Happy Sleepy Monday Everyone! Here’s hoping that ‘extra hour’ of sunlight will hasten the melting of all that snow. In the mean time, curl up with a nice blog…
Bride Elect (Evolution of a Bridezilla)
Chapter Ten—Letting the Abusive Relationship Go
As Palucid and I basked in the glory of our healthy relationship, it was becoming painfully obvious, through shear contrast that I was in an abusive and dysfunctional relationship with my car. I bought my car just days before I signed on to the dating website which brought Palucid and me together. In my first year with my car, she was a little high maintenance, but that is not outside the realm of possible with newly purchased used cars. By the time I had met Palucid, I was head-over-heels and blindly in love with my car—I was her “bitch”.
As with every abusive relationship, there was a cycle at play. There would be a series of events building up to a blow up of some kind, and then a cool/melt down, followed by a reconciliation. My car and I were no different. Every fall and spring, I would take her in to be either “winterized” or “summerized”. With rare exception, the mechanics always seemed to find something: something expensive that required immediate repair or replacement. I would rage and cry, and then turn to my good friends at VISA for their generous support. Then, I would pick up my car—rejoice in that she was “as good as new”, and I would fall in love with driving her all over again. I would tell myself that it wasn’t her fault she was an expensive vehicle to repair. I would remind myself just how safe I felt driving her, and no one could put a price on that.
Palucid, a man who openly admits he fell in love with my brains long before he noticed my boobs, sat in stunned silence. My capacity for denial and forgiveness seemed bottomless and totally isolated from even the slightest hint of logic. As things escalated, he began to take a dim view of the mechanical advice rendered to me. I am sure from his perspective they must have seemed like fellow addicts who knew no better than to encourage me, or at the very least—hapless enablers trying to help in all the wrong ways.
Things began escalating to unbelievable proportions just prior to, and throughout the first three months of our engagement. Truthfully, it is a lengthy story of denial, and dysfunction and I will only hit on the higher, and most expensive points. From July through to October 30th, I enjoyed the following mechanical mishaps…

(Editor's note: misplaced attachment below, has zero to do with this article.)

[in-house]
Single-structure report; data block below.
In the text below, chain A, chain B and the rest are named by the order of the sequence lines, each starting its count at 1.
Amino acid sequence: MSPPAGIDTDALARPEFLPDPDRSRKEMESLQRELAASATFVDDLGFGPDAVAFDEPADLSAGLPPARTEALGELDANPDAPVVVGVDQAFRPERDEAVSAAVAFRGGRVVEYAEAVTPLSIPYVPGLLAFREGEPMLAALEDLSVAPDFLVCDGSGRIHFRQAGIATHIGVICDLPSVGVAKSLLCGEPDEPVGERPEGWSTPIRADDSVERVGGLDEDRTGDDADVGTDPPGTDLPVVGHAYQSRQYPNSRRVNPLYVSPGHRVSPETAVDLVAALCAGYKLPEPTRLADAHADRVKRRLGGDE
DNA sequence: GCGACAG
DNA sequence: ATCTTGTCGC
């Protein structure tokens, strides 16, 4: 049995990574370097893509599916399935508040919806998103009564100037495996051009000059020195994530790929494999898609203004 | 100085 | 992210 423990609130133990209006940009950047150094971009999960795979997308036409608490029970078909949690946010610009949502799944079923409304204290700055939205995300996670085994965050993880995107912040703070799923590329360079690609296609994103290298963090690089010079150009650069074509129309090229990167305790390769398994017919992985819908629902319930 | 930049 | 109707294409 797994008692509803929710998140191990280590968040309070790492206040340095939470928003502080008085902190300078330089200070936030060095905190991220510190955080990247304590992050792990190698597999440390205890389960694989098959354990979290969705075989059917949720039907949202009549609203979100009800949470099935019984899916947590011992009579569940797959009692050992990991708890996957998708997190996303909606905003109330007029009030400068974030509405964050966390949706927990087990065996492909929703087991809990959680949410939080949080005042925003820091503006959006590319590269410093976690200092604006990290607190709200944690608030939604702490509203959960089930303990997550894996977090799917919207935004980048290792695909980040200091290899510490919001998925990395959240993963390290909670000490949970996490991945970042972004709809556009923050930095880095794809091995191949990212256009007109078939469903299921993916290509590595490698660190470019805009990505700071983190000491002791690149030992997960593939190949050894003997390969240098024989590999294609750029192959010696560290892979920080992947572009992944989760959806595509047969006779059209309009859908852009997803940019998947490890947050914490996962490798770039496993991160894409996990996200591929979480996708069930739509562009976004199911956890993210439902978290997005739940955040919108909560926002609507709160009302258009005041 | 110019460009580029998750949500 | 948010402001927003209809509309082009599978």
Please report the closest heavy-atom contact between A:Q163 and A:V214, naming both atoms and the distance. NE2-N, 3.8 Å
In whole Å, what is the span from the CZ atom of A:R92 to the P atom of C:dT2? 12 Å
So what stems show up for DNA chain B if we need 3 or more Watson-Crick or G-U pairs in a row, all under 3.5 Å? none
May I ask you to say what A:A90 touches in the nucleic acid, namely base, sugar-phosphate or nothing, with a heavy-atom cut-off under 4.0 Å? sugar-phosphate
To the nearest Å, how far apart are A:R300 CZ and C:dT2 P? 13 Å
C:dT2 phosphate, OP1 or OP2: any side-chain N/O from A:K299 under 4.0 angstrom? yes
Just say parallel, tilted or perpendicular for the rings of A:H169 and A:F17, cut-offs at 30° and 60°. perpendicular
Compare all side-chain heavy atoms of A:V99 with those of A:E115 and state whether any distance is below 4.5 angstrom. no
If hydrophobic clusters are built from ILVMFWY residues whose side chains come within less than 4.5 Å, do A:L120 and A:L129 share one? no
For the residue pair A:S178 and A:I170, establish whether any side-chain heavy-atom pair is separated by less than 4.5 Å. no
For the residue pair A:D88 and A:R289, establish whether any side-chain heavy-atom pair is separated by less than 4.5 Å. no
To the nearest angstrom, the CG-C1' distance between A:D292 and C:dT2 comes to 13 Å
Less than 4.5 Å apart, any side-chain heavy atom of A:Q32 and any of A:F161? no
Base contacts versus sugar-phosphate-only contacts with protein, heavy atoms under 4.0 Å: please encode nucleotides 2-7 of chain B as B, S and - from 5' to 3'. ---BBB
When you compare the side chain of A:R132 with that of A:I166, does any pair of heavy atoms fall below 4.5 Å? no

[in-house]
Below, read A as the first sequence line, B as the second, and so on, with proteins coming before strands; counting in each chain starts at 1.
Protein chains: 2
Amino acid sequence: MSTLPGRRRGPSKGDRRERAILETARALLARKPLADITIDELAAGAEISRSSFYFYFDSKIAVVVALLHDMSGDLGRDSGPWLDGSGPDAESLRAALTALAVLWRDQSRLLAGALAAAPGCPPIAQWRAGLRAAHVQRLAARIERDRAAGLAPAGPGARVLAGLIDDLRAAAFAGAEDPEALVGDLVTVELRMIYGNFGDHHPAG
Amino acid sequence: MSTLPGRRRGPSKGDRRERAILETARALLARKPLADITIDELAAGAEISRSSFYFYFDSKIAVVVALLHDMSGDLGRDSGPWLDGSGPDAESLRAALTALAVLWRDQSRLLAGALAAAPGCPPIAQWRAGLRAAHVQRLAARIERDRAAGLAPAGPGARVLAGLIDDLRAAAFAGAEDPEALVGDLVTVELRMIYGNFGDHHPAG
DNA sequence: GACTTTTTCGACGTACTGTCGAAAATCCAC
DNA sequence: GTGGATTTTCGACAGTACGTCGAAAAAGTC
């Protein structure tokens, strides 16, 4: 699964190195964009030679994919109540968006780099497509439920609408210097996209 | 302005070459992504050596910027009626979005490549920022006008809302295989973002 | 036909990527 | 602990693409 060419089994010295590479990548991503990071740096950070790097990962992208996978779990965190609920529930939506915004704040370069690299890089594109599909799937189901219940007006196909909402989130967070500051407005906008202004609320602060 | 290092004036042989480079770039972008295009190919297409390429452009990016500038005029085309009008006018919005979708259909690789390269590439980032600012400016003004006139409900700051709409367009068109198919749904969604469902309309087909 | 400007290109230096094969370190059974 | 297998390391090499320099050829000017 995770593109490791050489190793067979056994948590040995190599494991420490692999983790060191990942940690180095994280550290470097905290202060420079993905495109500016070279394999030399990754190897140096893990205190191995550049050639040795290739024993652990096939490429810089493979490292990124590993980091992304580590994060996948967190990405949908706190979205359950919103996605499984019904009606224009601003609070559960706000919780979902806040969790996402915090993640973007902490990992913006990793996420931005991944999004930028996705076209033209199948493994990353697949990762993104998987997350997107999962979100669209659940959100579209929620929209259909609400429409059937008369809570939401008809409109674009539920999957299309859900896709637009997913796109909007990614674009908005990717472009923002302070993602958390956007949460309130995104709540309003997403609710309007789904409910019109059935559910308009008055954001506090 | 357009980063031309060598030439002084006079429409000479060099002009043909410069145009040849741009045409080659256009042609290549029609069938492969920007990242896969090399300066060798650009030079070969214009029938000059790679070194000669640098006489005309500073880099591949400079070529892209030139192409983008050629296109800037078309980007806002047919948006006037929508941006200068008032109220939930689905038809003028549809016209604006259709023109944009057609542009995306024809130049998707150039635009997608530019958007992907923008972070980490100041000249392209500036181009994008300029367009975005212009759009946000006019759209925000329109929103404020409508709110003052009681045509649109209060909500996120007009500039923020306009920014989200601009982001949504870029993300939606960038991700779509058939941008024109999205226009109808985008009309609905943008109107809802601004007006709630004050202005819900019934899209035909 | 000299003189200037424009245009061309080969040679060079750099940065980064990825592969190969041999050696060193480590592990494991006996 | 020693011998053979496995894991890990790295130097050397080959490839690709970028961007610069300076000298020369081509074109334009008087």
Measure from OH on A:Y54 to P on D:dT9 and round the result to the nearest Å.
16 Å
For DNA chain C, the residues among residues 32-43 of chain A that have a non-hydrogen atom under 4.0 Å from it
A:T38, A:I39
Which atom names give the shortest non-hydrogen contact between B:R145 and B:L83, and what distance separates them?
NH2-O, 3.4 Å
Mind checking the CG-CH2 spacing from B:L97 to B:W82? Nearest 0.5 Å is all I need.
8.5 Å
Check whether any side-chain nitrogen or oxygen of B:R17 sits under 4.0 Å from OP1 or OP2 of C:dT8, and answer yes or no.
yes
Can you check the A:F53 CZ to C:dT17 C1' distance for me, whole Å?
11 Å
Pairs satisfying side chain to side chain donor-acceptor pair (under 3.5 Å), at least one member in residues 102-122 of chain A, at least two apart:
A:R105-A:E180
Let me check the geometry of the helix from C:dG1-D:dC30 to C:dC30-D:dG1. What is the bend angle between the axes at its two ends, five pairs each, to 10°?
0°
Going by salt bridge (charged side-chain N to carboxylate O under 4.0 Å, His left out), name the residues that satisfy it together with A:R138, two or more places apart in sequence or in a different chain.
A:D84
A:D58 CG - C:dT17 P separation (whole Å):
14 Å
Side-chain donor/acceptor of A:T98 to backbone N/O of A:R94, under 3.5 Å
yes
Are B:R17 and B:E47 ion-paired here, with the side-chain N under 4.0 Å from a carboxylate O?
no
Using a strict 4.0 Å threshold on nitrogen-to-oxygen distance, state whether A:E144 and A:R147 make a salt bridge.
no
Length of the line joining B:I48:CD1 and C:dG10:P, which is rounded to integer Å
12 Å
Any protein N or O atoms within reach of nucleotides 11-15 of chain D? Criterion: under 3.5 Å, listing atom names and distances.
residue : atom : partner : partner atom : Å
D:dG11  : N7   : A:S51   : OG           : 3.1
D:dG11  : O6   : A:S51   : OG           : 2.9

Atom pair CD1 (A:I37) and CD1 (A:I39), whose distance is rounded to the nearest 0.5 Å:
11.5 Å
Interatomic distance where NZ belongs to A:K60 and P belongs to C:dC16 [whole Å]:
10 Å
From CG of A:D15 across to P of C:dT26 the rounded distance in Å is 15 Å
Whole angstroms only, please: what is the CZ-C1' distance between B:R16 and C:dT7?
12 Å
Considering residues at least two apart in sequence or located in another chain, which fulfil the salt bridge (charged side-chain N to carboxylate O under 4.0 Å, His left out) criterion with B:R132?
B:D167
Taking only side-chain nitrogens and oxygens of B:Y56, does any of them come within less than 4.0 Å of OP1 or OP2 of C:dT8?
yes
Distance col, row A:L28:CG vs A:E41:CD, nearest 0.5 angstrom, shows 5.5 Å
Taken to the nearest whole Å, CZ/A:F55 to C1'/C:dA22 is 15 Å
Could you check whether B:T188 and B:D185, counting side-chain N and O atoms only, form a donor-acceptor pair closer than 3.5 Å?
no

A routine oil change uncovered the presence of oil in the antifreeze, much flushing and inspection determined a crack in the turbo, and installation of a new turbo damaged the sensor that governed the air conditioning—thus the air conditioning required repair. Repair of a cruise control switch resulted in the malfunction of the high beams. An antifreeze leak was found at the base of the radiator, and further inspection found that the whole radiator was highly corroded and required replacement. Somewhere between the mechanics shop and my garage, one of my tires picked up a screw that rendered the tire beyond patching. Finally, after all other leaks stopped leaking, my garage floor welcomed the presence of power steering oil. With surprisingly little abuse, or other coaxing, my power steering rack gave up the ghost in a spectacularly dramatic fashion.
In my defence, I finally accepted I need to get rid of this crazy-bitch-car somewhere between the air conditioning and the cruise control repair. This car was in such bad shape that we condemned her to the “bad car box” and rented a car for the July road trip.
In between parental meetings, engagement announcements, and tradition balking, I was tasked with car shopping. I was terrified of landing in a rebound relationship with another car because often the rebounds are worse than the dysfunctional relationship you left in the first place. My perspective on cars was badly skewed, and I was unsure of whether or not I could unskew it by myself.
Palucid and I had to handle this together—as a couple. Car shopping as part of a couple was virgin territory for both of us. In the past, I went car shopping with my dad, and allowed his shameless bias towards boxy-but-safe Swedish imports govern my car choice. Now, bruised, battered and jaded, I was of the opinion that whole “boxy-but-safe” enthusiasts could just take a long drive off of a short pier (if these cars are as safe as they claim—it should be something of a cake walk).
Palucid had become somewhat fond of driving a car with a turbo. He was hoping that I too would honour my dependency on “going fast”. Perhaps irrational, but I blamed my five-figure repair debt, at least in part, on the dastardly turbo. I decided I wanted reliable, sturdy, and safe. During one conversation, I think I might have said something like, “I am NOT buying your mid-life crisis car”. Harsh, I know, but keep in mind, I was coming out of an abusive car-relationship, and quite possibly in the throes of PTSD at the time.
Palucid was understandably frustrated with what appeared to be my overt reticence with car shopping. He as much as suggested I should not do any wedding planning before I was done car shopping. Divided attentions wouldn’t help anyone, after all. I couldn’t argue with him, but the truth was whether or not I was actively planning our wedding or not, my attention span, and interest in car shopping was somewhat compromised by the wedding thing. To adhere to Palucid’s request, yet honour or even address my yearning to wedding plan, I decided to do some passive research on wedding planning on days when I wasn’t able to car shop.